A friend of mine who is more adept at exploring the furthest reaches of the internets than I told me about Garfield minus Garfield a while back. I liked it a lot but have been a bit obsessed with eggs lately and kept forgetting to pass it on. Anyway, here I am, stooped low with humility and ready to share the love.
Despite a vague dislike of cats I was a little obsessed with Jim Davis' Garfield cartoons when I was 11. I had all the pocket books and would spend many a maths lesson drawing pictures of Odie the dog with huge pools of drool all around him. For a while there I even wanted my own rubber chicken just like the eponymous hero. It didn't happen. Pretty soon I grew bored of Garfield and never returned. It's interesting that it leaves me so cold now - it's not like I grew up really. I still love lots of other things that I was into when I was a kid, especially Peanuts.
Thanks then to the people behind Garfield Minus Garfield for reviving my interest with the simple yet inspired idea of reprinting Garfield comic strips with all traces of said cat removed. Panels have been redrawn to eliminate Garfield and his thought bubbles from scenes, switching focus to his dorky owner, Jon Arbuckle.
We are left with an altogether darker strip, something the creators describe as a journey deep into the mind of an isolated young everyman as he fights a losing battle against loneliness and depression in a quiet American suburb. Jon is seen musing aloud, talking to himself or ranting in his empty home with only the walls for company. One sided conversations abound, with Jon seemingly at a loss how to operate in the modern world. The result is a cross between Brad Pitt's psychiatric patient Jeffrey Goines in 12 Monkeys and Max Cannon's Red Meat strips.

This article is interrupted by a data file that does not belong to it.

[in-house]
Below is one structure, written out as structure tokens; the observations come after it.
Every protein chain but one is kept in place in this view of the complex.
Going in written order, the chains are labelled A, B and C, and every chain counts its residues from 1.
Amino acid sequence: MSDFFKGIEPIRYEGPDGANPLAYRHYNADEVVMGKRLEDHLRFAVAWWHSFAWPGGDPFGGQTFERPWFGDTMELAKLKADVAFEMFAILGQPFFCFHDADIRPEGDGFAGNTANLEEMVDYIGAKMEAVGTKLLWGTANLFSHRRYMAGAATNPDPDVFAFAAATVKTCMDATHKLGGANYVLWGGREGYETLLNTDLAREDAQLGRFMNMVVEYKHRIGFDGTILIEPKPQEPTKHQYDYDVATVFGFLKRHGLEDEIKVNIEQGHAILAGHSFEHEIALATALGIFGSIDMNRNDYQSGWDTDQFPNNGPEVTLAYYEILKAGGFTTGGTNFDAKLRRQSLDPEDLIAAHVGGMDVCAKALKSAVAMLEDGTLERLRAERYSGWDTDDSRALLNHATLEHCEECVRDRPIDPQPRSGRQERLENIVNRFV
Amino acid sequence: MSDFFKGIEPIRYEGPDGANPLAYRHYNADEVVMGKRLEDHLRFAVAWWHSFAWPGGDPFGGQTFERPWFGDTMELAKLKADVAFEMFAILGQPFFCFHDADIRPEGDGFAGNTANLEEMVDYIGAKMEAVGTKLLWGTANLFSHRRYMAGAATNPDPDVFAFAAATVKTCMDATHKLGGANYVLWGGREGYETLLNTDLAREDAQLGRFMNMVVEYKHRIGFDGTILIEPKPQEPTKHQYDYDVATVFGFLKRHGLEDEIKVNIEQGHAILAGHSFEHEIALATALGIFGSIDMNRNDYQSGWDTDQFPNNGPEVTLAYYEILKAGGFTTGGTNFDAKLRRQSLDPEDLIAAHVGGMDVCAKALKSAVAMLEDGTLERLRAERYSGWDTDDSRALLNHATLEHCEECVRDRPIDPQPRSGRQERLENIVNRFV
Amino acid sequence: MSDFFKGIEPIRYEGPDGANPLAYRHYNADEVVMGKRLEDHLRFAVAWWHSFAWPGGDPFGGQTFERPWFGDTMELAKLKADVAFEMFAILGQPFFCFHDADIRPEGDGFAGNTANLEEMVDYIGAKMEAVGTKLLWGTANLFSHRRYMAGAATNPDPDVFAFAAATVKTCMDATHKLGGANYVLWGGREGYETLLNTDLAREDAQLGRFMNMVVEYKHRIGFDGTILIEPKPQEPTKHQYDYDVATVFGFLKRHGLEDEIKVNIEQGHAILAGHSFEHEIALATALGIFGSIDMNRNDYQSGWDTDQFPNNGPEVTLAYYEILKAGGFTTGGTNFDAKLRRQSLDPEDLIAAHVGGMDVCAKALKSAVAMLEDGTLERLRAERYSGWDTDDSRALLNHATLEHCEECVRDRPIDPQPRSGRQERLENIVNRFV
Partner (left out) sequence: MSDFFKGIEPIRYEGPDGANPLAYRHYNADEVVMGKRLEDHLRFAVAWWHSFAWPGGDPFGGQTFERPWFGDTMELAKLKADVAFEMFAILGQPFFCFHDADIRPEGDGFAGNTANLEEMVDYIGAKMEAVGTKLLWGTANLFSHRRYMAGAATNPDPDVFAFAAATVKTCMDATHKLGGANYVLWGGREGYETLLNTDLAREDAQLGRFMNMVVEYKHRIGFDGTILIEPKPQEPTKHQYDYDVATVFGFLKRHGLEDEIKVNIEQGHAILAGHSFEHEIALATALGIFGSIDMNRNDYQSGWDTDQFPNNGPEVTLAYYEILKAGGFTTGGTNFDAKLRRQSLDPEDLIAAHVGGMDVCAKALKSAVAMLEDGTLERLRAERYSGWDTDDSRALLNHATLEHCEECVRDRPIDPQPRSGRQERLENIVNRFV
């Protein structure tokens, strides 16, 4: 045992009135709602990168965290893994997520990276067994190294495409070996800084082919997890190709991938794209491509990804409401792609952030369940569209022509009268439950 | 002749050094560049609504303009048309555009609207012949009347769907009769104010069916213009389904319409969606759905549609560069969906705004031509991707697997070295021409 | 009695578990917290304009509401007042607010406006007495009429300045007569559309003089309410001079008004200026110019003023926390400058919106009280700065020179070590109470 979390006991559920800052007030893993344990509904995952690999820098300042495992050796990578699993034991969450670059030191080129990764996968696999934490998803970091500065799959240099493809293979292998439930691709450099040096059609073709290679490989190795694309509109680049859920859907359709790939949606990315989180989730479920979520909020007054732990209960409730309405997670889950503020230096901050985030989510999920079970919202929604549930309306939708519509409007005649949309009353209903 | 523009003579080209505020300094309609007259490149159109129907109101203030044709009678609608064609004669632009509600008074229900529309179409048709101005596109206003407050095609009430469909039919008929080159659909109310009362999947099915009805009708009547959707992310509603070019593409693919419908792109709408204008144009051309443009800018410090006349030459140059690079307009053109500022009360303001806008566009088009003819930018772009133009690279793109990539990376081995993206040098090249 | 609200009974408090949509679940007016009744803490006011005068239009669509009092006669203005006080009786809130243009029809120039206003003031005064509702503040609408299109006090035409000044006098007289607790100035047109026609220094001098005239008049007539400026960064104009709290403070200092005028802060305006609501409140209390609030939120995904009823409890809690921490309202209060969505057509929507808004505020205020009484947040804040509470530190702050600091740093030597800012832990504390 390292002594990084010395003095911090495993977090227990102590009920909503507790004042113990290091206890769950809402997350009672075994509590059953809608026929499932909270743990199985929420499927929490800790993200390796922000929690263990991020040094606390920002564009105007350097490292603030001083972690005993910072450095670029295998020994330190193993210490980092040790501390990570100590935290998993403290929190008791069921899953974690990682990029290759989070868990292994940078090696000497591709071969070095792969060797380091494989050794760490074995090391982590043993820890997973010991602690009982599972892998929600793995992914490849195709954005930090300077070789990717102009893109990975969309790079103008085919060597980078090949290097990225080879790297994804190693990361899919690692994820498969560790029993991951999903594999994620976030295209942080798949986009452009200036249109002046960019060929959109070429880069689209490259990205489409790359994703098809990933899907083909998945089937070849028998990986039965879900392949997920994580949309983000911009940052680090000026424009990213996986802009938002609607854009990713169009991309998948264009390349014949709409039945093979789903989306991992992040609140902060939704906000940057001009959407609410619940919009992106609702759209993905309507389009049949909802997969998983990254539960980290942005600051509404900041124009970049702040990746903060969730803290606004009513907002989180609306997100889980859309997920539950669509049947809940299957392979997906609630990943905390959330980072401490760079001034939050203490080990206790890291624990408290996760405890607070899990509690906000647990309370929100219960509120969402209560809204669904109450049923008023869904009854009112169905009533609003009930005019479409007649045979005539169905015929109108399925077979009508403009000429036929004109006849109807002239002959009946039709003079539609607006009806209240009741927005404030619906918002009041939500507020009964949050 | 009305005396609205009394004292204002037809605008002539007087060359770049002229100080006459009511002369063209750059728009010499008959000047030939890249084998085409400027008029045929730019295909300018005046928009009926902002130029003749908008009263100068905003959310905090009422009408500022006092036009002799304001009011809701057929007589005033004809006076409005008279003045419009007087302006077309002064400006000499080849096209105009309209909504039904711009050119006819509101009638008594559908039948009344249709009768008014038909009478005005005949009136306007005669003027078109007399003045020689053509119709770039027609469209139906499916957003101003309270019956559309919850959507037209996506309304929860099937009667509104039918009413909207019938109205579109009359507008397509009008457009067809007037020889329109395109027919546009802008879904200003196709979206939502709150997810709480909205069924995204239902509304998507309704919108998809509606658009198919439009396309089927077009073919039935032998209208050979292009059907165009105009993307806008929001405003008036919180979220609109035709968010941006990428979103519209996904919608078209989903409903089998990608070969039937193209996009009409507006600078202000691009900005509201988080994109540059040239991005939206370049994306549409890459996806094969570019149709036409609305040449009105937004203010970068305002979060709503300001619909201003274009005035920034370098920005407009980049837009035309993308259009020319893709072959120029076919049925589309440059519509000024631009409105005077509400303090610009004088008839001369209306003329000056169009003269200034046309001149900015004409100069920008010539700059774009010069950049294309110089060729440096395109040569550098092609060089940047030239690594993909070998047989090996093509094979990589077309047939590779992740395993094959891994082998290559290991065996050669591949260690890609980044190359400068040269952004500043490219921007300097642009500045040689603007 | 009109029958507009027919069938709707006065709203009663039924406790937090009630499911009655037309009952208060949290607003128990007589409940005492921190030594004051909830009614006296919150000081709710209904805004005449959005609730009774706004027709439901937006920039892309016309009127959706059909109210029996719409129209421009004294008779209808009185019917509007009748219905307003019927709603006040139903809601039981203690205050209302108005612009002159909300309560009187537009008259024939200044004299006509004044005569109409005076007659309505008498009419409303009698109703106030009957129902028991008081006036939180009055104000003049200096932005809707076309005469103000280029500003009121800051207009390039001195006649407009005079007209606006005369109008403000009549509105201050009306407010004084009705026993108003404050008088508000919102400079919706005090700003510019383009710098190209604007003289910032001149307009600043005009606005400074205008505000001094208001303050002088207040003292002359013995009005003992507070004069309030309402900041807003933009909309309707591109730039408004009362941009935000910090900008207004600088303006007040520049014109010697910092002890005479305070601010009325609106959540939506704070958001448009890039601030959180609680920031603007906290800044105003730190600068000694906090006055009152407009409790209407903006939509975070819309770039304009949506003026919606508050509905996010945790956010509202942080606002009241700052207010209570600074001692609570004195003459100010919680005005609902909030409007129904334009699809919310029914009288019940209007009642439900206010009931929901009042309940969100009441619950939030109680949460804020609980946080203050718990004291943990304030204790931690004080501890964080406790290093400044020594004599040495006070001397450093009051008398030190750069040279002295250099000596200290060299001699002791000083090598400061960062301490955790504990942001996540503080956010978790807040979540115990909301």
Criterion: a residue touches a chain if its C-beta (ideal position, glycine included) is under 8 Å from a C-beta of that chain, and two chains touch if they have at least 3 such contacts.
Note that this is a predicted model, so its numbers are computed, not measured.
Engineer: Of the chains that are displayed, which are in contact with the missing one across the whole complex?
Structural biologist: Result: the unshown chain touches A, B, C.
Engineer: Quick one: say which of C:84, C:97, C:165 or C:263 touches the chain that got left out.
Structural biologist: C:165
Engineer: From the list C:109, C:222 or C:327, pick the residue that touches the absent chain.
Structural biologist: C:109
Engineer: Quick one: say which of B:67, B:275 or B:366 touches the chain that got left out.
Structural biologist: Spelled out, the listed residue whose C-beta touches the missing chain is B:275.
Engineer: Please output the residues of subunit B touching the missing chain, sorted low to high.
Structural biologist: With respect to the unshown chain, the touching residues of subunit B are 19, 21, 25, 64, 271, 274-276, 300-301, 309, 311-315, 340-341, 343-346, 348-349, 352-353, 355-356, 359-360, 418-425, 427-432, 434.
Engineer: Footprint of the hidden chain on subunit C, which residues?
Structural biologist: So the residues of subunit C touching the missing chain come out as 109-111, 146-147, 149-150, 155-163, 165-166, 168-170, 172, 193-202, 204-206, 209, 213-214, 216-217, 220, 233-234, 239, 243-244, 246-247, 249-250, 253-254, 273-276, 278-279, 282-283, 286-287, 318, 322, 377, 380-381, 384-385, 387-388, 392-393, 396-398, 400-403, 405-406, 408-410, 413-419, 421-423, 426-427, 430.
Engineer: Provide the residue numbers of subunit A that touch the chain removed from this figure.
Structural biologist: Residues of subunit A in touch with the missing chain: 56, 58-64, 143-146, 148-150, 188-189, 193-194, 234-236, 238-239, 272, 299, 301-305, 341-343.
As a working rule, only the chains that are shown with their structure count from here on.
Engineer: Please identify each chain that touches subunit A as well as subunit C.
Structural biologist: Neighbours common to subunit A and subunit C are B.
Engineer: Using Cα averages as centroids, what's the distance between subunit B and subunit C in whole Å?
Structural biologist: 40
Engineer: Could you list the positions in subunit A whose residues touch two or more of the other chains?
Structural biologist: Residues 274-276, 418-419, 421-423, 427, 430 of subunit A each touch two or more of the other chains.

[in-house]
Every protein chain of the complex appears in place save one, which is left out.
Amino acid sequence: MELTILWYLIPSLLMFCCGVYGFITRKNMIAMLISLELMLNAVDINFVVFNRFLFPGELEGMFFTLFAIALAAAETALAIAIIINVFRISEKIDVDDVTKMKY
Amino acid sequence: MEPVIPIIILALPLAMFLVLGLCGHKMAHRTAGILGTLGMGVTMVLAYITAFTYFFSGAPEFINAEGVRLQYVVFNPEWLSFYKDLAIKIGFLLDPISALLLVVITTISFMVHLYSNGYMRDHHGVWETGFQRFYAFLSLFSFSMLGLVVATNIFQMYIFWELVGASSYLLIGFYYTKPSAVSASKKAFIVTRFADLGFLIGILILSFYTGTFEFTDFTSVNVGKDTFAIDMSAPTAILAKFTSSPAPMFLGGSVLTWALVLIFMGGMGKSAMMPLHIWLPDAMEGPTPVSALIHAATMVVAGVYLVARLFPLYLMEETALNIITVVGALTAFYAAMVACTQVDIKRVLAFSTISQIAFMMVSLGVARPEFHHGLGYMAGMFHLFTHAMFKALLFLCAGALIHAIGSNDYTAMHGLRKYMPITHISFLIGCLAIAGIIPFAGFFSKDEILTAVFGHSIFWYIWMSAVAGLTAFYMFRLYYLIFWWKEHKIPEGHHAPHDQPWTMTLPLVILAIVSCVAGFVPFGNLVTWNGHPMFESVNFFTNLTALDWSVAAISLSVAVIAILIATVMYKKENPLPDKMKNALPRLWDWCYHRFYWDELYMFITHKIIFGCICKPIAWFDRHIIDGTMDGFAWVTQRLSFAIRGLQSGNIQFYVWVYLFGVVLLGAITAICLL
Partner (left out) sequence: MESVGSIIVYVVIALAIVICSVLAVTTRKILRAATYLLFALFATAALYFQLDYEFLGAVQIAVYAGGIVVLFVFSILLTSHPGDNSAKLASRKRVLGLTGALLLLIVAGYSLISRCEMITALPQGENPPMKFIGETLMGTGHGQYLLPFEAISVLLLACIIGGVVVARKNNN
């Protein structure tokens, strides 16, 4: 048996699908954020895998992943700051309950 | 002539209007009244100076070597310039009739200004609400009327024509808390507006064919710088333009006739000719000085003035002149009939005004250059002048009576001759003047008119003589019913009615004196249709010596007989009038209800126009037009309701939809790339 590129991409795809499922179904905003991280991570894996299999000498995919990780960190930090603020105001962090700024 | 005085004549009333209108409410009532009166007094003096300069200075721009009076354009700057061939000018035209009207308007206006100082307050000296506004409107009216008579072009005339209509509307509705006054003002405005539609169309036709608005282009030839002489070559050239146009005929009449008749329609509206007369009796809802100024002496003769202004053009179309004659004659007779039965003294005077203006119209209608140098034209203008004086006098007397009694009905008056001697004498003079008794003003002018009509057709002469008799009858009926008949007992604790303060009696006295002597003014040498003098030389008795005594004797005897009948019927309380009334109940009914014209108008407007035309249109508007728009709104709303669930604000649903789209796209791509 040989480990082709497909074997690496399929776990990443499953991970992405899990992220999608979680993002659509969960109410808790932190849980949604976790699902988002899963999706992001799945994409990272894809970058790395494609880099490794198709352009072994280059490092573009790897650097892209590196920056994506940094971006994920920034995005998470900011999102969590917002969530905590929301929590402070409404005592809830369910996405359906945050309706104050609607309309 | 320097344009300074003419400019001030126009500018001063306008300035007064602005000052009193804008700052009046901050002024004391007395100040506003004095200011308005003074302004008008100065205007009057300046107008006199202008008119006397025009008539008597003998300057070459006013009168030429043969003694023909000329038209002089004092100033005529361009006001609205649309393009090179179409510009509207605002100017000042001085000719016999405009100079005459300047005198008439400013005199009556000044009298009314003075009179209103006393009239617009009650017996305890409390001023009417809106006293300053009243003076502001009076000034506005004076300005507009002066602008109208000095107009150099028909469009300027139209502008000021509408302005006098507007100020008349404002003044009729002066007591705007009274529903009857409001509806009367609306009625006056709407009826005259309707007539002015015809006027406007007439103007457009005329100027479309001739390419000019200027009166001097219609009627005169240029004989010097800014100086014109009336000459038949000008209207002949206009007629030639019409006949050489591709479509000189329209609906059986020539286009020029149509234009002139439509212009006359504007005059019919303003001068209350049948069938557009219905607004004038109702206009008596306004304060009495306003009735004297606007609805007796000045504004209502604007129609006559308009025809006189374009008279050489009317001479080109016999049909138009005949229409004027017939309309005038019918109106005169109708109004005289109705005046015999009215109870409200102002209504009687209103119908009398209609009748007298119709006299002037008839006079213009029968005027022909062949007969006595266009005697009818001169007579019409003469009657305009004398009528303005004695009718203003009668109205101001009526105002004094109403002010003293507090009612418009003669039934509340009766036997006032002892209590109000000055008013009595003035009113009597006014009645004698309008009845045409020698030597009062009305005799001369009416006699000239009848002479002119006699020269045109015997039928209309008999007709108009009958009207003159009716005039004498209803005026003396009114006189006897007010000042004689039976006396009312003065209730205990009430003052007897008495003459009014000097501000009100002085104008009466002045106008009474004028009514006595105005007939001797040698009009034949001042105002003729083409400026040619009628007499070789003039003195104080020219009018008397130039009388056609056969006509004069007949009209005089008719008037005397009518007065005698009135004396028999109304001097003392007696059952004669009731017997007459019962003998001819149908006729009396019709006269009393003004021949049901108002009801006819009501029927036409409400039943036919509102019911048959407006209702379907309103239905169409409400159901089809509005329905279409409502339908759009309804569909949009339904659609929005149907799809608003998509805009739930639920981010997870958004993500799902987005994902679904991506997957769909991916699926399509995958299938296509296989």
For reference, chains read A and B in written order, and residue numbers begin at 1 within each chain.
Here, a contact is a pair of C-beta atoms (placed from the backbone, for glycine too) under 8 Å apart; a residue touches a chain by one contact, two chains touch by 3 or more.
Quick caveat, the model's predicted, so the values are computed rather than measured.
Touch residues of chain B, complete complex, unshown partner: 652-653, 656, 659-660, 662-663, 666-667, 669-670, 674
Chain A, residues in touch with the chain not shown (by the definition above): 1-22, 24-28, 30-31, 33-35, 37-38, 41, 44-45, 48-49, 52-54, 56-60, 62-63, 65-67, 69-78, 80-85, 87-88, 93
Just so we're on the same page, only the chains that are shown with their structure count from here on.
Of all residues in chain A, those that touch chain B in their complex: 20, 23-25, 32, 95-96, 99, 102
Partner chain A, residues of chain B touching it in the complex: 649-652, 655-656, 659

Naturally enough it begs the question who else would benefit from a similar treatment. Not wishing to get all politically correct about cartoon strips - especially in a week where the BBC announced a neutered Dennis the Menace sans pea-shooter, catapult and everything that made him fun (latent homophobia aside) but a new version of Reg Smyth's cloth cap wearing Andy Capp, with wife Flo surgically removed, could be brilliant.
Imagine the pathos of a drunken Andy coming home from the pub night after night to an empty house with only himself for company. Did Flo finally leave him? Did she die? It might not be as funny but you'd get something that bridges truth and art in a way that the original hasn't done since the seventies. If that's all a bit serious why not redo Pokemon without any of the the irritating creatures - then we'd all be happy.